An alligator at the Oklahoma City Zoo died unexpectedly, but what veterinarians found inside his stomach was even more unexpected: seven plastic water bottles.
Zookeepers continuously pick up debris that blows or falls into animal exhibits, but this was a bit of a shock, said Jennifer D'Agostino, veterinary services director for the zoo.
"Animals get sick," D'Agostino said. "It happens. But this is something they get sick from that's totally preventable. Anything we can prevent, we want to prevent."
Using an arthroscope, D'Agostino and her staff checked the rest of the gators' guts for indigestible debris in the past few weeks. They found coins, bottle caps, more plastic bottles and even a child's shoe. One alligator had swallowed a little plastic alligator.
They have one more alligator to check.
The veterinarians pulled out the small items, like coins. But they're still trying to figure out how to pull out the big things without major surgery, D'Agostino said.
The trash will have to come out eventually. The seven water bottles found inside the dead alligator created a blockage that prevented the animal from digesting his food correctly, D'Agostino said.
Eventually the blockage became infected, and that infection spread to the rest of his body.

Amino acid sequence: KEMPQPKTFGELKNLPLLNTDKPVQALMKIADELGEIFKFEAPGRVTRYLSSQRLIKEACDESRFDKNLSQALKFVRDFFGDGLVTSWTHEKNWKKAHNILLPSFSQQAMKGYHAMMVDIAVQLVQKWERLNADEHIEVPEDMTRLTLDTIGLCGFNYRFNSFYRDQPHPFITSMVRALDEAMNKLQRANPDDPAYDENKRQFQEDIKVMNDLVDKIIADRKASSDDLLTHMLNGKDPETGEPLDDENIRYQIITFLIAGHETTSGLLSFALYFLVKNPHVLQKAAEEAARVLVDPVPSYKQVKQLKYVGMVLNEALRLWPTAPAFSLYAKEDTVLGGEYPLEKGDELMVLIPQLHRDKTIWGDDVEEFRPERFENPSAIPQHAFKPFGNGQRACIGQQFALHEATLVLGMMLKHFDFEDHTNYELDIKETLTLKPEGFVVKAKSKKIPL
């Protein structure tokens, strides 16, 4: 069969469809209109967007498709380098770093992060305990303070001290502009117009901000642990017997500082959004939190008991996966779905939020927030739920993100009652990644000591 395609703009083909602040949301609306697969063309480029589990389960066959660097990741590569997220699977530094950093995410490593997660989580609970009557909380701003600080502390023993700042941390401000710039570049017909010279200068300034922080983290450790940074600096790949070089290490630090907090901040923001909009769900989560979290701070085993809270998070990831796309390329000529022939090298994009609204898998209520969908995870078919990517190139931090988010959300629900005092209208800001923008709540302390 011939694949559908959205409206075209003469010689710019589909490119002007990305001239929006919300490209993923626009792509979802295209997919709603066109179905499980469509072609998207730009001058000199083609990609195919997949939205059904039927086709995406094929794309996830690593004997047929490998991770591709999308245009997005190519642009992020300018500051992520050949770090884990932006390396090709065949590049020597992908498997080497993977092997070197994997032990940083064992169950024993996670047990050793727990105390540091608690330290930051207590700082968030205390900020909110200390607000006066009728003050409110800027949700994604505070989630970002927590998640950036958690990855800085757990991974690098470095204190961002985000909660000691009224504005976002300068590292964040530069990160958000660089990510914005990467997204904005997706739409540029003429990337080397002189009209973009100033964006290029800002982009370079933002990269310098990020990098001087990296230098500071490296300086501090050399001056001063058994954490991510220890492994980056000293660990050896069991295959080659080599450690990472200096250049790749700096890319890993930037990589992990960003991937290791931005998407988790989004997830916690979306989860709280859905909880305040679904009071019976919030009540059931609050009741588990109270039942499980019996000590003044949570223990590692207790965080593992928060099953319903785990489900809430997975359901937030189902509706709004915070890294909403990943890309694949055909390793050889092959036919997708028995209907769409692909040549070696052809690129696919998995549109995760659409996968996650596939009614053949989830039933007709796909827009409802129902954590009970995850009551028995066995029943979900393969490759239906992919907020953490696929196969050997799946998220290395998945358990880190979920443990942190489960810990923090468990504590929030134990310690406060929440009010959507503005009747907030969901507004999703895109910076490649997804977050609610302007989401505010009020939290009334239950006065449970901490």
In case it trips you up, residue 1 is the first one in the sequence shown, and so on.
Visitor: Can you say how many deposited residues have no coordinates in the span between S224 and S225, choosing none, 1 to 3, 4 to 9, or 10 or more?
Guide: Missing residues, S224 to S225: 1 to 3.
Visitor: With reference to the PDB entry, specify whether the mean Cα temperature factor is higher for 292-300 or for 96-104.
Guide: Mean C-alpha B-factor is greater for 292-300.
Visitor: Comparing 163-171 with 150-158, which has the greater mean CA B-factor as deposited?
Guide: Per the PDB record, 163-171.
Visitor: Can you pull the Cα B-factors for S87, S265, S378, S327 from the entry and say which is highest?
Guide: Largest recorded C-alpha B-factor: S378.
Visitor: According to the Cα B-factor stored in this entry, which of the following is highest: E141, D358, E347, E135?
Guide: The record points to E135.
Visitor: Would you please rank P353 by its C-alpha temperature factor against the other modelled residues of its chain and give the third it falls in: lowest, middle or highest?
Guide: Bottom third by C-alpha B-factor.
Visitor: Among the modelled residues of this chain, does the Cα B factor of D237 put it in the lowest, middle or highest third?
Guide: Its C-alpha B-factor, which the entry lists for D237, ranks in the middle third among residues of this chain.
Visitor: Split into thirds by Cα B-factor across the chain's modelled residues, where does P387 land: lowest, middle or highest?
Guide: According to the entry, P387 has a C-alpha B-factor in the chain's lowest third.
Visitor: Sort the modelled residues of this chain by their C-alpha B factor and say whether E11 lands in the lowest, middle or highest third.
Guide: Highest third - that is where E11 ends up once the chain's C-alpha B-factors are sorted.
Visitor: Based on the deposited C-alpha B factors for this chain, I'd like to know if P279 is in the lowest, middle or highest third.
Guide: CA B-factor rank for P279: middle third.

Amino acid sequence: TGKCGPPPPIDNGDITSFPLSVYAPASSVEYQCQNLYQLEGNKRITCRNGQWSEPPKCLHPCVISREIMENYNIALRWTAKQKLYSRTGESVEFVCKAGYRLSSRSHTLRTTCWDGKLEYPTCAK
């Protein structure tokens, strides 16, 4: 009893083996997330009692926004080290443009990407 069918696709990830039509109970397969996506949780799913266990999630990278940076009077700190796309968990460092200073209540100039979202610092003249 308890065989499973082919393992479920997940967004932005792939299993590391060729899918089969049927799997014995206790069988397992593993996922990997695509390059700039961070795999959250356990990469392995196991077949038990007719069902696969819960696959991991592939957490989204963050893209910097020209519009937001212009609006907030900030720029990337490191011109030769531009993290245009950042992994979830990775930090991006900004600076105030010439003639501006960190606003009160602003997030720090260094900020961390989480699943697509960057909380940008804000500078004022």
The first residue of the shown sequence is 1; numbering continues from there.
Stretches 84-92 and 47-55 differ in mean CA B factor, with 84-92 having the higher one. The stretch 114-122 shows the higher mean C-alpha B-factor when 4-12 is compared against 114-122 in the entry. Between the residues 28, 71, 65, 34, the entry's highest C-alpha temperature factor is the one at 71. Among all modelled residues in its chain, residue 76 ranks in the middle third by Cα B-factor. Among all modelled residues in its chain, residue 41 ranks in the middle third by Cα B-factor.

Some litter blows into the exhibits, D'Agostino said. A few items end up in the exhibit on purpose. Most of the coins are thrown into the pond by visitors making wishes. Some items are dropped accidentally; other things are thrown out of ignorance or malice.
Alligators release heat through their wide open mouths, she said. Some visitors see the jaws as target practice.
"People will actually chuck coins right into their mouths," she said. "They don't have a spitting reflex like a mammal, so the next time they eat anything, they'll swallow them."
The alligator isn't the first animal to die because of foreign objects, D'Agostino said.
Brindle, a seal, died of metal poisoning in June 2007. When the seal was examined after death, 92 coins were discovered in her stomach. Her stomach acid triggered a reaction with the zinc in pennies. The toxic result was kidney failure.
Like the alligator exhibit, visitors sometimes throw money into the pool to make a wish. Coins that spin as they sink reflect sunlight, mimicking the appearance of a fish, D'Agostino said.
The effect is a lot like that of a fishing lure.
Keepers now X-ray the seals and sea lions twice a year. Any debris is removed.
But checking the alligators isn't so easy, D'Agostino said. Their stomachs can't be X-rayed. Each scale has a bone inside, so the armor prevents veterinarians from seeing beyond the scales.
An arthroscopic camera reveals the stomach contents, but anesthetizing, scoping and evaluating the alligators several times a year isn't ideal.
So zookeepers are working to educate the public about animal health and safety, she said.
They may modify the exhibits a bit to catch some of the falling debris.